Here’s how SwipeSpeare is described on the App Store: “Unlike other apps that put the original and modern side-by-side in a way that is distracting and hard to read, SwipeSpeare only shows you the modern text when you want to see it. Simply swipe your finger over the text, and the text will change; swipe it again and it will change back.”
Your impressions of the app may vary. When I first heard the name “SwipeSpeare,” I sort of assumed that I *would* be able to swipe between the original and “interpreted” texts with ease, but that isn’t the case here. It’s still pretty easy to swap between versions of the text, but part of me still wishes side-by-side texts or “swipe to compare” was supported. That being said, I can see why having side-by-side texts would be distracting, or seem cramped on an iPhone’s display.
UI questions aside, there’s a lot to like here. You get Romeo & Juliet for free, which I think is a good measuring stick for how readable these modern readings of the classic text are. I think some readers will still find some of the modern re-tellings a bit incomprehensible in places, however.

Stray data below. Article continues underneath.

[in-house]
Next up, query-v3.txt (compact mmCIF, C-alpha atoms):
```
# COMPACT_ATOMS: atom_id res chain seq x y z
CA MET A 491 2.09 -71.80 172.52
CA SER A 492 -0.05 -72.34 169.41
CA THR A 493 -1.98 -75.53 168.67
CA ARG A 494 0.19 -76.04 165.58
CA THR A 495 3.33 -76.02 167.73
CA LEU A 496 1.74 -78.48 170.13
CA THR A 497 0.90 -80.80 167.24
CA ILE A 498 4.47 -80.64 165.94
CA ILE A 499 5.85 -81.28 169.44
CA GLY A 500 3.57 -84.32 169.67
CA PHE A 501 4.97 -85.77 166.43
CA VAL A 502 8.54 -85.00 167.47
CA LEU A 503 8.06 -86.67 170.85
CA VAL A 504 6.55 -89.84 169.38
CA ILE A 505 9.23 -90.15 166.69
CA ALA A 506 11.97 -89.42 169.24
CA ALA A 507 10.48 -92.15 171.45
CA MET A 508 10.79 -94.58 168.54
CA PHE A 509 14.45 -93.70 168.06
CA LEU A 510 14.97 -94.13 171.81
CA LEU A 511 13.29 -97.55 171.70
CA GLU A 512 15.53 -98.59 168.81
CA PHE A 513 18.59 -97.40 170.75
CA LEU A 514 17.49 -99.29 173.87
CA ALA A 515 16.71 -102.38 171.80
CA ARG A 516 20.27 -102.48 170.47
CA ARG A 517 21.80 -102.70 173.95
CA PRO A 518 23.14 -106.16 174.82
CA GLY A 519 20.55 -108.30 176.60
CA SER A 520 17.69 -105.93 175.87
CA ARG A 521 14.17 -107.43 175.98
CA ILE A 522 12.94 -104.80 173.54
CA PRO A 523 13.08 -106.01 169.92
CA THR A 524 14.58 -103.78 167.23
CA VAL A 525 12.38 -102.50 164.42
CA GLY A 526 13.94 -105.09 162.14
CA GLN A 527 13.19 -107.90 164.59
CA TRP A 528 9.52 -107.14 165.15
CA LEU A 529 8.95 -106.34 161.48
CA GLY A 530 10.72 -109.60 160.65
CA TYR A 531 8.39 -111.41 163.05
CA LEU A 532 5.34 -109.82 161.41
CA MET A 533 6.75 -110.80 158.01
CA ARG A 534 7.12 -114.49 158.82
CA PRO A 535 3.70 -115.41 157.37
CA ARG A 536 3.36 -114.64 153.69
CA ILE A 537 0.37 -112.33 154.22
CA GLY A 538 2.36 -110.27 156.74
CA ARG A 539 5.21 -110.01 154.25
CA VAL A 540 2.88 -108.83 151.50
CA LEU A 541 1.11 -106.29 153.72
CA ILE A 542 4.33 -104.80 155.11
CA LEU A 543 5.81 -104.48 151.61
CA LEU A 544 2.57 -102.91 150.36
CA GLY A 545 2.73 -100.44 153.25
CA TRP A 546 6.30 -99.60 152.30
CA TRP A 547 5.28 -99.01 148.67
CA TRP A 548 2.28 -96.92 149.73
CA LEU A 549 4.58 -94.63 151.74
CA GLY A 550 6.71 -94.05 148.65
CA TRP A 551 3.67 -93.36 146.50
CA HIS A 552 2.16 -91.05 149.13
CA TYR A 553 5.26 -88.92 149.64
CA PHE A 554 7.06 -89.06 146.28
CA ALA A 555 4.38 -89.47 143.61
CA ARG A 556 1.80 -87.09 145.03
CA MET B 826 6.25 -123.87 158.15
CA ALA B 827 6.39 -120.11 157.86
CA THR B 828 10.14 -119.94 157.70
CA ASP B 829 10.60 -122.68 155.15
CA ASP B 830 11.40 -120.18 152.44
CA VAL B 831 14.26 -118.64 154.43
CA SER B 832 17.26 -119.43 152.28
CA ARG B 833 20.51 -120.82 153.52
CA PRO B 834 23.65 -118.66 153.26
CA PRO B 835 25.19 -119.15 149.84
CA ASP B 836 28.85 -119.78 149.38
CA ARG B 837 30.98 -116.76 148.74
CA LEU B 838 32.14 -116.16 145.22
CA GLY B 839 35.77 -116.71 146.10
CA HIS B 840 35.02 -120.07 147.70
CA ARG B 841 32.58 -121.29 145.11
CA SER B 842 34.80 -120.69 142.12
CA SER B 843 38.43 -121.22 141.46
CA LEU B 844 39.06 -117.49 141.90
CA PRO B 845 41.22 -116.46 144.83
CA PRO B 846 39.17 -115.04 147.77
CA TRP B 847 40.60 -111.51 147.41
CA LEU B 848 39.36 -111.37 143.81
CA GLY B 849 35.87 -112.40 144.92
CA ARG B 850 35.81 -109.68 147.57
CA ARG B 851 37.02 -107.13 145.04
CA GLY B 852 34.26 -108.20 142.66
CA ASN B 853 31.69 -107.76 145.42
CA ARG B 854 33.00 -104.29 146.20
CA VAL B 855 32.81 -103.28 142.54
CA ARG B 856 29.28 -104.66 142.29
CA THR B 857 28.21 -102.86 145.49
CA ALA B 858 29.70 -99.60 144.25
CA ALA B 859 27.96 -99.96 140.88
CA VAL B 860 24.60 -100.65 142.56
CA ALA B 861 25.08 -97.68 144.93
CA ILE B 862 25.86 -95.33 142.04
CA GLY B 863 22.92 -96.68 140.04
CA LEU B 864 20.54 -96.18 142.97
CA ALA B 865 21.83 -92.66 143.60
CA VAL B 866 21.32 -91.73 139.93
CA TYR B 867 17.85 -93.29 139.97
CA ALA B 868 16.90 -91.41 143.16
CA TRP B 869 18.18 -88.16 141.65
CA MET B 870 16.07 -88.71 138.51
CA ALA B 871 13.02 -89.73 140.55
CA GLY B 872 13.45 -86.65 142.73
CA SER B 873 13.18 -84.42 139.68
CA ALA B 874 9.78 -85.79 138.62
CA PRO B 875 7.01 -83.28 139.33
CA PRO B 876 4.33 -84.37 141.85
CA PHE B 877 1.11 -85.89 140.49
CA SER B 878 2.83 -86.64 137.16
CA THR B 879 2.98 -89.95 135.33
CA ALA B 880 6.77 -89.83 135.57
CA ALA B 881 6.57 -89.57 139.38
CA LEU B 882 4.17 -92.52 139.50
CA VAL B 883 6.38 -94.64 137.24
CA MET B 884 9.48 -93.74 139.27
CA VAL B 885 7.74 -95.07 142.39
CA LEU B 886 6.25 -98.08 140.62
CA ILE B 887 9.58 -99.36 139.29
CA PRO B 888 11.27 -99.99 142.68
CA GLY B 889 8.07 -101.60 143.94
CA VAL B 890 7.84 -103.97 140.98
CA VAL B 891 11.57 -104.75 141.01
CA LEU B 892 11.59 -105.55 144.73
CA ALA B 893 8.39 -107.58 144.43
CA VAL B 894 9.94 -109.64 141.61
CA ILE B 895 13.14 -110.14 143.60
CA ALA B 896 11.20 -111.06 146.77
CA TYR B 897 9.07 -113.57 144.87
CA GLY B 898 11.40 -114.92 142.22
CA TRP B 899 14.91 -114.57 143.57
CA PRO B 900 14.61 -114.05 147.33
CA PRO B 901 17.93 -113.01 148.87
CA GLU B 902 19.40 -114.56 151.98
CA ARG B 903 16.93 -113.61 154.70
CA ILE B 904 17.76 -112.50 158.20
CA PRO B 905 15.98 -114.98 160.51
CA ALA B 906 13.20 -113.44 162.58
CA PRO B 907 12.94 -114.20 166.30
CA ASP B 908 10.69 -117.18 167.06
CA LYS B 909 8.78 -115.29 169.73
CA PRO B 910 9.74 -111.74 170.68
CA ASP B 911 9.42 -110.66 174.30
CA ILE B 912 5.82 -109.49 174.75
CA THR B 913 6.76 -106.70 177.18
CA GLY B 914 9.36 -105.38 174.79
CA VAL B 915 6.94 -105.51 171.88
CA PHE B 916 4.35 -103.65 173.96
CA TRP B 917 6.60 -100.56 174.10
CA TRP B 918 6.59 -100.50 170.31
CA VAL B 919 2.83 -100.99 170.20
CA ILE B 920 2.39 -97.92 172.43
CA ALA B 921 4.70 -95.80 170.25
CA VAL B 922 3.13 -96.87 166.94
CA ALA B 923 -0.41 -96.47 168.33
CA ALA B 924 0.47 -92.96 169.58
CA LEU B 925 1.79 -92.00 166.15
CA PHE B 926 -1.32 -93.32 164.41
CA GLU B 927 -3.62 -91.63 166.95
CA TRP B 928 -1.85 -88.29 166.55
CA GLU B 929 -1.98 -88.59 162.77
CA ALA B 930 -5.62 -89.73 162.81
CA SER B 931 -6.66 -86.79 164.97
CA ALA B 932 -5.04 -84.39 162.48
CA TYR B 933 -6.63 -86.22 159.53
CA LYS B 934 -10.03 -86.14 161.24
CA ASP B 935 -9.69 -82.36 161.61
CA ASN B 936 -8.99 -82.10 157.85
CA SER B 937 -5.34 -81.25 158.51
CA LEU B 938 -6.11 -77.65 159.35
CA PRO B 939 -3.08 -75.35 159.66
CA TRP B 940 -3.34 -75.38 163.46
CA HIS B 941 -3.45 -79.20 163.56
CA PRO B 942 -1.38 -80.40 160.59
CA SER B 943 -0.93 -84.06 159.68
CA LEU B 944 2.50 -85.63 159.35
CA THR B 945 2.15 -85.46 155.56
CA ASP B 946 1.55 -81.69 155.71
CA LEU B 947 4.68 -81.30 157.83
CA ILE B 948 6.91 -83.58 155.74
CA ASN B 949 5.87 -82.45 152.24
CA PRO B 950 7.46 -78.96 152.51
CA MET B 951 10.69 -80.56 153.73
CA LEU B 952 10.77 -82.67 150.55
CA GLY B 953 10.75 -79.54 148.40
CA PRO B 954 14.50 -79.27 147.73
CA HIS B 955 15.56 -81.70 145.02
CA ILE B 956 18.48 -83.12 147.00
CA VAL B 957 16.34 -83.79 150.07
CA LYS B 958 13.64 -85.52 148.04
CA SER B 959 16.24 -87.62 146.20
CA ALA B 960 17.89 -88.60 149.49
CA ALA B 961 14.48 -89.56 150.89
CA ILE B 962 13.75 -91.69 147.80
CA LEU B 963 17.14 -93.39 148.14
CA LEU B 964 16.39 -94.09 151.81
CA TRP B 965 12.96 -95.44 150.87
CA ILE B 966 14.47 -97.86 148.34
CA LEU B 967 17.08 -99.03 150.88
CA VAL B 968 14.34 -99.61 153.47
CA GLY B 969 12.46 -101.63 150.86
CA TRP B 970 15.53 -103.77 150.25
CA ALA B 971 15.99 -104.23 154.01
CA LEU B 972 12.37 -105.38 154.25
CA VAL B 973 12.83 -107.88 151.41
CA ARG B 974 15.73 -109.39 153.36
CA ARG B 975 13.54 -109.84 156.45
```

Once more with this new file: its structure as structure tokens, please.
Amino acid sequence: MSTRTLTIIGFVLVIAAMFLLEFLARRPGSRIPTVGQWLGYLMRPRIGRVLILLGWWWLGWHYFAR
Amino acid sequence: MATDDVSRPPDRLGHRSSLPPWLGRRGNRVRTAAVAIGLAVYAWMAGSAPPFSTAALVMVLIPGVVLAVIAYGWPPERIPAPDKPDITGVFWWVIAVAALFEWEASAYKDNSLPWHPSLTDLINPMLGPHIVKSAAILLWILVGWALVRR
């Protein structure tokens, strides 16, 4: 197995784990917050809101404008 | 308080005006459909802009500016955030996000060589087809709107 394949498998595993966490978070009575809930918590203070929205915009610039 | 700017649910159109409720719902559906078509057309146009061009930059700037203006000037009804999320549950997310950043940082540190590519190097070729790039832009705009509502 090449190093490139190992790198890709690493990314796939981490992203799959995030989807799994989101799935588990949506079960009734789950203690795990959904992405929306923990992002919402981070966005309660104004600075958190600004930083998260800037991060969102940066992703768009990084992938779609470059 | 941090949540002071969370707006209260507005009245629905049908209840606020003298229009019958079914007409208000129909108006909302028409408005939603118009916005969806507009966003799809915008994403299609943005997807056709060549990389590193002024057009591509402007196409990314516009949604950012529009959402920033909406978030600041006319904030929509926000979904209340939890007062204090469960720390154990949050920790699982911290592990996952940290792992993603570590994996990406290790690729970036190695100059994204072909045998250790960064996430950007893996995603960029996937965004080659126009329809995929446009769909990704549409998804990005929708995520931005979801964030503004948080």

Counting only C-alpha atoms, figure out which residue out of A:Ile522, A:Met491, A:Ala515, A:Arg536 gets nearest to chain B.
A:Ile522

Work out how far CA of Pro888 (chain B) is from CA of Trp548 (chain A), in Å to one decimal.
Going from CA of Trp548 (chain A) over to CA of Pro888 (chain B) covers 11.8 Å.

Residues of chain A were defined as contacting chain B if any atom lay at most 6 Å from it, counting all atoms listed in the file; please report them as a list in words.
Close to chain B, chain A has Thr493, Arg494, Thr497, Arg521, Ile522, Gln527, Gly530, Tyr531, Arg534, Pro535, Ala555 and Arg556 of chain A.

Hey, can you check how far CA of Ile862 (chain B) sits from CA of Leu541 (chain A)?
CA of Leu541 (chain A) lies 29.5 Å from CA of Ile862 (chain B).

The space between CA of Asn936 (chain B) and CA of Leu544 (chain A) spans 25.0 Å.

One great feature is the dictionary, which helps to demystify the text. Notable Shakespearian words like “abase,” “calkin,” and “embrasure” are defined, and the dictionary is both quite comprehensive and filled with thorough definitions for each word.
Overall, this is a solid app for studying Shakespeare’s plays. That being said, this app is clearly targeting students who don’t have much love for the Bard himself or his works.
If you are looking for an app that offers in-depth textual analysis of Shakespeare’s plays, this ain’t it. SwipeSpeare is designed for students who want to take shortcuts, not for fans of Shakespeare looking for historical context or criticism.
SwipeSpeare requires iOS 6.0 or later. Compatible with iPhone, iPad, and iPod touch. This app is optimized for iPhone 5.